Backlash For Super Bowl Pay-To-Play
Sources say Super Bowl officials have floated the idea of having future performers give something back to the NFL for the exposure, like a percentage of ticket sales from the subsequent tour or music sales. Acts under consideration are allegedly Rihanna, Katy Perry and Coldplay, but the unions want a conscious uncoupling of the pay-to-play scenario.
“No one should ever pay to work. NO organization should ever get a kickback from a worker they employ,” the AFL-CIO said. “The Department of Professional Employees, AFL-CIO, its affiliates in the entertainment industry, and the other unions, 22 in all, will stand with the AFM in condemning and will fight back against any attempts to make workers pay to perform.”
The American Federation of Musicians blasted the idea in mid-August. “It’s not like the NFL and its Super Bowl organizers don’t have any money and can’t afford to pay for halftime show performances,” the AFM said. “It’s about the insatiable thirst for profits at the expenses of great musical entertainment and those who create it.”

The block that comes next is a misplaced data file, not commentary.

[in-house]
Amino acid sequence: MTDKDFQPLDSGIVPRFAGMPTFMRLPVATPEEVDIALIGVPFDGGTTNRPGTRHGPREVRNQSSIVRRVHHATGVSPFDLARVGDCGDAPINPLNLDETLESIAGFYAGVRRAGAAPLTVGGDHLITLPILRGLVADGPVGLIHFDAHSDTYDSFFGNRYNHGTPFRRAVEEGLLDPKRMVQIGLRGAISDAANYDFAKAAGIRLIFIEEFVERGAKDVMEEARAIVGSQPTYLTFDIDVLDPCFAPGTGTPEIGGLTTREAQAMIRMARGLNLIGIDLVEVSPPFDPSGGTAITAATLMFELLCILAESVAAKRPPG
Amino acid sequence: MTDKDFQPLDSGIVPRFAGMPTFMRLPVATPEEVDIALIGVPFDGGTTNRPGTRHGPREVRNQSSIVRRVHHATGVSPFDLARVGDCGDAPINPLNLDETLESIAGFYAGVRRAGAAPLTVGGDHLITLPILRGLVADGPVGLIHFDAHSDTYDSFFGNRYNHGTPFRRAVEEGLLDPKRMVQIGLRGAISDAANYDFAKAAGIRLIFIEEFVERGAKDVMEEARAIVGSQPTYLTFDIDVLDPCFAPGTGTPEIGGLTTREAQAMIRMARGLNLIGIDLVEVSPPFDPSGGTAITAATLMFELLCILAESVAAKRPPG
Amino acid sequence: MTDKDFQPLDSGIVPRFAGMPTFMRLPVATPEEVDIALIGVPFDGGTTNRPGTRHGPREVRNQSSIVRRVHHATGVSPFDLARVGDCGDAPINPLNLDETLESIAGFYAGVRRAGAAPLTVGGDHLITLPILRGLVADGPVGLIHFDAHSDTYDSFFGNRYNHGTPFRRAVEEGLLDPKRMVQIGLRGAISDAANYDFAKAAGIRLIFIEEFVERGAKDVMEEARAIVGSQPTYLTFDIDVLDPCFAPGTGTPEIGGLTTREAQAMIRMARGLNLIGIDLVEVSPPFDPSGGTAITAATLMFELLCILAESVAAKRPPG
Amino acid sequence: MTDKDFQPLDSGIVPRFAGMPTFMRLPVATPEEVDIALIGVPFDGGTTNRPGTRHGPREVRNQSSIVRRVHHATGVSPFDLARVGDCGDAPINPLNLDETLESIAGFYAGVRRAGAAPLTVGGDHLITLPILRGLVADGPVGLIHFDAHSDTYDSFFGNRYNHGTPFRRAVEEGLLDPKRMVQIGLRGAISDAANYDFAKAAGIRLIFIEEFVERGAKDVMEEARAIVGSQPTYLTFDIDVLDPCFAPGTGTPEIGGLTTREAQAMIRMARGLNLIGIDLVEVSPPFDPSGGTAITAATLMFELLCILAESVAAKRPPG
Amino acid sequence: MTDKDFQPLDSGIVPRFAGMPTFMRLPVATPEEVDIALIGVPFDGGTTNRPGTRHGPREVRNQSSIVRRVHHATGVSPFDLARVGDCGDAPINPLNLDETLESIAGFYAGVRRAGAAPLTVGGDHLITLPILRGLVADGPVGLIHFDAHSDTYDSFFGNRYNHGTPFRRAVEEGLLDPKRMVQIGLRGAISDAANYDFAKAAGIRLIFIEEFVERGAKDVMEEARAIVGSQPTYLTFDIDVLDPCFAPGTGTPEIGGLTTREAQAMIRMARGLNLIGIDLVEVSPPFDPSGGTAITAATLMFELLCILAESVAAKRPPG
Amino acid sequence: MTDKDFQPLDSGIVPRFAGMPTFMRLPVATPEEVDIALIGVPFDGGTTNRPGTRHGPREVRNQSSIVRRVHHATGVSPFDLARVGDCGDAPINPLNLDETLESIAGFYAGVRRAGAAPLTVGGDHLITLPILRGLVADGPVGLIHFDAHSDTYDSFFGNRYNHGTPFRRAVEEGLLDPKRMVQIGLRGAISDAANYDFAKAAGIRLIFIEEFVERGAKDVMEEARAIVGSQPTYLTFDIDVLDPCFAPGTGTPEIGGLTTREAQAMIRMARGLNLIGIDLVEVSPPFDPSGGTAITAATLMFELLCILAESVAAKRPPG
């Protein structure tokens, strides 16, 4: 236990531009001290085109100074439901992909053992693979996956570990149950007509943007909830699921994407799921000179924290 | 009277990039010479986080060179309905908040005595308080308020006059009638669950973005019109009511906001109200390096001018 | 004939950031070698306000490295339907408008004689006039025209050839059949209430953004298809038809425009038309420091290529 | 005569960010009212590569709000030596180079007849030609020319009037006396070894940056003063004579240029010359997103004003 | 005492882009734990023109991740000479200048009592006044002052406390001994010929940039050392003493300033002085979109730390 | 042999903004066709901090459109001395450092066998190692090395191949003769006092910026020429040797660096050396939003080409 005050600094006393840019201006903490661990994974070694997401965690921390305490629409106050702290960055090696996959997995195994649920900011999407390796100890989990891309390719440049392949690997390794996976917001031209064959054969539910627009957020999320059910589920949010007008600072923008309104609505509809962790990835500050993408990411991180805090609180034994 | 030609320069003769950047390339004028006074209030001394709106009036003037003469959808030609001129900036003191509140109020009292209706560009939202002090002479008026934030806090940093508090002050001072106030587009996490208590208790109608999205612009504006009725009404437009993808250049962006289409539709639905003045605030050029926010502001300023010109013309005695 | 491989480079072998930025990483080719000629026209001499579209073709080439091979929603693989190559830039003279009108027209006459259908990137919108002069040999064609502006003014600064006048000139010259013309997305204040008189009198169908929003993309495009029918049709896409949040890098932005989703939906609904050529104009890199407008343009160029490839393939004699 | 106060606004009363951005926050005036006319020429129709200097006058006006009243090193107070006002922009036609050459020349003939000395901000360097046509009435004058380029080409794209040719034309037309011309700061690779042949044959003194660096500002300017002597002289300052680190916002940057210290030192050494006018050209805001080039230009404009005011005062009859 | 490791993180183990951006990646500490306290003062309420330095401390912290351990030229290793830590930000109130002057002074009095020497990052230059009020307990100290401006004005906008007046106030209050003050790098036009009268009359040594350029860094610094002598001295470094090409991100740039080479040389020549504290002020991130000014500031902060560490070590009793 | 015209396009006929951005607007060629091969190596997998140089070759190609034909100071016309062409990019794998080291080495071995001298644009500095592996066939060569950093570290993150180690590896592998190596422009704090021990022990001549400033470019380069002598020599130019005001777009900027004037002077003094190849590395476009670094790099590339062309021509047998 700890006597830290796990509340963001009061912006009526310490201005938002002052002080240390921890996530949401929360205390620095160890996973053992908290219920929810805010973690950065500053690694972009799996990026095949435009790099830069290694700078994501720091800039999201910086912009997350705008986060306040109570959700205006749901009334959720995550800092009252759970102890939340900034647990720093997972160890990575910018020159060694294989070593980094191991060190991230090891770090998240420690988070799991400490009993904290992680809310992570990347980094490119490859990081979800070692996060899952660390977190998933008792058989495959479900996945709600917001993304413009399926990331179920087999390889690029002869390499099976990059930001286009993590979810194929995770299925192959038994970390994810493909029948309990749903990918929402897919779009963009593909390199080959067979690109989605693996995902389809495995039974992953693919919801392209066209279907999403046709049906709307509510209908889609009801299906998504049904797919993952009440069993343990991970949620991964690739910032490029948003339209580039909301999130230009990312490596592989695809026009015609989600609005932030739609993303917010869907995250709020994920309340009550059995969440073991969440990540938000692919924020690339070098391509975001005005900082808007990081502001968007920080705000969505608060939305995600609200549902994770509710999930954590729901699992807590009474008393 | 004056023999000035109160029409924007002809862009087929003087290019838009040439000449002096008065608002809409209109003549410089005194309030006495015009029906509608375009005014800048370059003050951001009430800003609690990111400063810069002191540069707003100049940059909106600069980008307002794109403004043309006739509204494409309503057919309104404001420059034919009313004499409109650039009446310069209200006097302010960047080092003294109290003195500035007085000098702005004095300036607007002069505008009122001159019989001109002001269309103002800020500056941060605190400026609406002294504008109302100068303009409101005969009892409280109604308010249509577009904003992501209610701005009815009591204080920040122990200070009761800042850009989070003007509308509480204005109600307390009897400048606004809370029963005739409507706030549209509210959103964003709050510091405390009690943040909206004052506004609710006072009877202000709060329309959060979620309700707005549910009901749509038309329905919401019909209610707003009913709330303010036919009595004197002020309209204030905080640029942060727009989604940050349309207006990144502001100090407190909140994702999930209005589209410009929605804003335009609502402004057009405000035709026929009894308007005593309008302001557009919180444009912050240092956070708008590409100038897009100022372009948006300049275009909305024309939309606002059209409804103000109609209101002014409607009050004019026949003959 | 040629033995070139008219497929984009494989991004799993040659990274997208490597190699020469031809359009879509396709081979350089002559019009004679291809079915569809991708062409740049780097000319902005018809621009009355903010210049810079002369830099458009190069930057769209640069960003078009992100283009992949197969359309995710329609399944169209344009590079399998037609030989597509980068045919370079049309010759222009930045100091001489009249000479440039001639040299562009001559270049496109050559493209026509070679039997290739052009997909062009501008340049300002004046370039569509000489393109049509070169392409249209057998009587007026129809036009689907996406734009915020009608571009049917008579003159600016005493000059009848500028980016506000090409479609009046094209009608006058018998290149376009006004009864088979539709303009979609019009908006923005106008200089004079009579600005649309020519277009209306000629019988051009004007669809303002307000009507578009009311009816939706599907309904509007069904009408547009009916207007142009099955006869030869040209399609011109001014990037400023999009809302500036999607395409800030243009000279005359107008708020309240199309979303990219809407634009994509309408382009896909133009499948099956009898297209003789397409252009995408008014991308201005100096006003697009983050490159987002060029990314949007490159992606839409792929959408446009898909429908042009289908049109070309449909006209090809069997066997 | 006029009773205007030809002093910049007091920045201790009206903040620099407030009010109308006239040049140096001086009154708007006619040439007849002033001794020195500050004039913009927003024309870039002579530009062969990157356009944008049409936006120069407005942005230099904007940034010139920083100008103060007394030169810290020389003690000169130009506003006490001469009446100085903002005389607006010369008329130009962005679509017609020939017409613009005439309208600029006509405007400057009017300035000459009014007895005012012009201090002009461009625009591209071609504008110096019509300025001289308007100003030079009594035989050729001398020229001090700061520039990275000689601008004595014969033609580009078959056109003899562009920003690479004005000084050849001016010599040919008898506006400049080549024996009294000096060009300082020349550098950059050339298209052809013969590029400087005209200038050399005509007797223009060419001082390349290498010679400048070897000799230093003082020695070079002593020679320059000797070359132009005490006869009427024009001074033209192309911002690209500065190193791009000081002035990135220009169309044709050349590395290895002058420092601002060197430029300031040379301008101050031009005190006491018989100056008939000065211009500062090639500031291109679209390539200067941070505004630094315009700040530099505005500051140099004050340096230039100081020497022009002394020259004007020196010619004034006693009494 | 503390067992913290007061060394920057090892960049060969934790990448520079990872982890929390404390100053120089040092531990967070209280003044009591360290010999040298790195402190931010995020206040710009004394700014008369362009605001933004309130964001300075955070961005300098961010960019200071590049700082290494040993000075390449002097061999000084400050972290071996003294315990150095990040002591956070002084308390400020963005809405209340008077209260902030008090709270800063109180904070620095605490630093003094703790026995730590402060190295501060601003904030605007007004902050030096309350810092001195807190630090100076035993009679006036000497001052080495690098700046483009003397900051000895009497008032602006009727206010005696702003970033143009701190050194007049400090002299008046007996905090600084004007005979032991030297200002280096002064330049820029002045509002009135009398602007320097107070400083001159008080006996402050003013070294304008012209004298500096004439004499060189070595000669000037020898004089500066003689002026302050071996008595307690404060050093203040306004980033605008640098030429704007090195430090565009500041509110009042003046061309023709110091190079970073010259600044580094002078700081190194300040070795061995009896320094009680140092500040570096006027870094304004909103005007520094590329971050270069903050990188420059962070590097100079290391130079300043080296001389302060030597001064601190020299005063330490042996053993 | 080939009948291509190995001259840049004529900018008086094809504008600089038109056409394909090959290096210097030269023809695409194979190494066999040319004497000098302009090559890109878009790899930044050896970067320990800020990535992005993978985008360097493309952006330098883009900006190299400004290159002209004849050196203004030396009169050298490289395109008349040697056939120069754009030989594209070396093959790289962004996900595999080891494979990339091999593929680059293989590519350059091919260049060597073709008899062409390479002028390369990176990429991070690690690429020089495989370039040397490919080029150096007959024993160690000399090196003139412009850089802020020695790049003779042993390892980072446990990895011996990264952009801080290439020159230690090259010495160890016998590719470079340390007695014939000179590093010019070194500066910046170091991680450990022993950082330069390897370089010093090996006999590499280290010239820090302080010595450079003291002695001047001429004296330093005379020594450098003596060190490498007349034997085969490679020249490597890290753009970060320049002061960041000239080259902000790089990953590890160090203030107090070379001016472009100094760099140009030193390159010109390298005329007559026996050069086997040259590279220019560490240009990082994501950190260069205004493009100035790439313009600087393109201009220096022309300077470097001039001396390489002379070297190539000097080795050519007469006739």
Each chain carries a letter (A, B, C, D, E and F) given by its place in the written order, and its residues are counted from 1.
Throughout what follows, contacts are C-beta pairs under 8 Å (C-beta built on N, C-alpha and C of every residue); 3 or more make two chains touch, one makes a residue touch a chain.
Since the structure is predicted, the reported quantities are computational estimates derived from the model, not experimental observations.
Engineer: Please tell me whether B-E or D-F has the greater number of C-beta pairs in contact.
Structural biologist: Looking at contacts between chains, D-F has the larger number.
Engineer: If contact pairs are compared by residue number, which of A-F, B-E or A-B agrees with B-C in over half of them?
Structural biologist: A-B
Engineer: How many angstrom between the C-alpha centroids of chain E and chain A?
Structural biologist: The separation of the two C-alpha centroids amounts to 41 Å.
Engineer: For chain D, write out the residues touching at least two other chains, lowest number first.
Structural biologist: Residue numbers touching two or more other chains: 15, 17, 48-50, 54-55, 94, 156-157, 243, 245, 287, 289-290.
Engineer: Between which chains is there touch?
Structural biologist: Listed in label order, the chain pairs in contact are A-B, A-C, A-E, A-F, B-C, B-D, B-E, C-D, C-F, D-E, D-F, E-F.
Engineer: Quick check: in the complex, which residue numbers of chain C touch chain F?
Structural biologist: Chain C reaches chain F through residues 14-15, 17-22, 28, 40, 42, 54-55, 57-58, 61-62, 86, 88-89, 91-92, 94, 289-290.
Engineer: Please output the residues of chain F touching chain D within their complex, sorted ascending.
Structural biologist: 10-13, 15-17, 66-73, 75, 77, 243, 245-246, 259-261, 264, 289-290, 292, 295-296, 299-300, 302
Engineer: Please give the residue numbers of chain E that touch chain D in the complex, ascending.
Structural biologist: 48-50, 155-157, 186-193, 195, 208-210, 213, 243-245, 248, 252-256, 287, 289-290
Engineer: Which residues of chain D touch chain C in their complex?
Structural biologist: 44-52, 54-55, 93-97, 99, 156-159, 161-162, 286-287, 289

All of this should be good news to struggling bands that have contended with pay-to-play schemes at clubs for decades. Or not. The NFL has yet to confirm this recent concept, although sources told the Wall Street Journal that it had contacted artist representatives with the offer, which had a chilly reception. No matter the NFL’s position, the players union has also sided with the musicians.
“The NFL Players Association will always support works and fair wages,” a spokesman told Deadline Hollywood.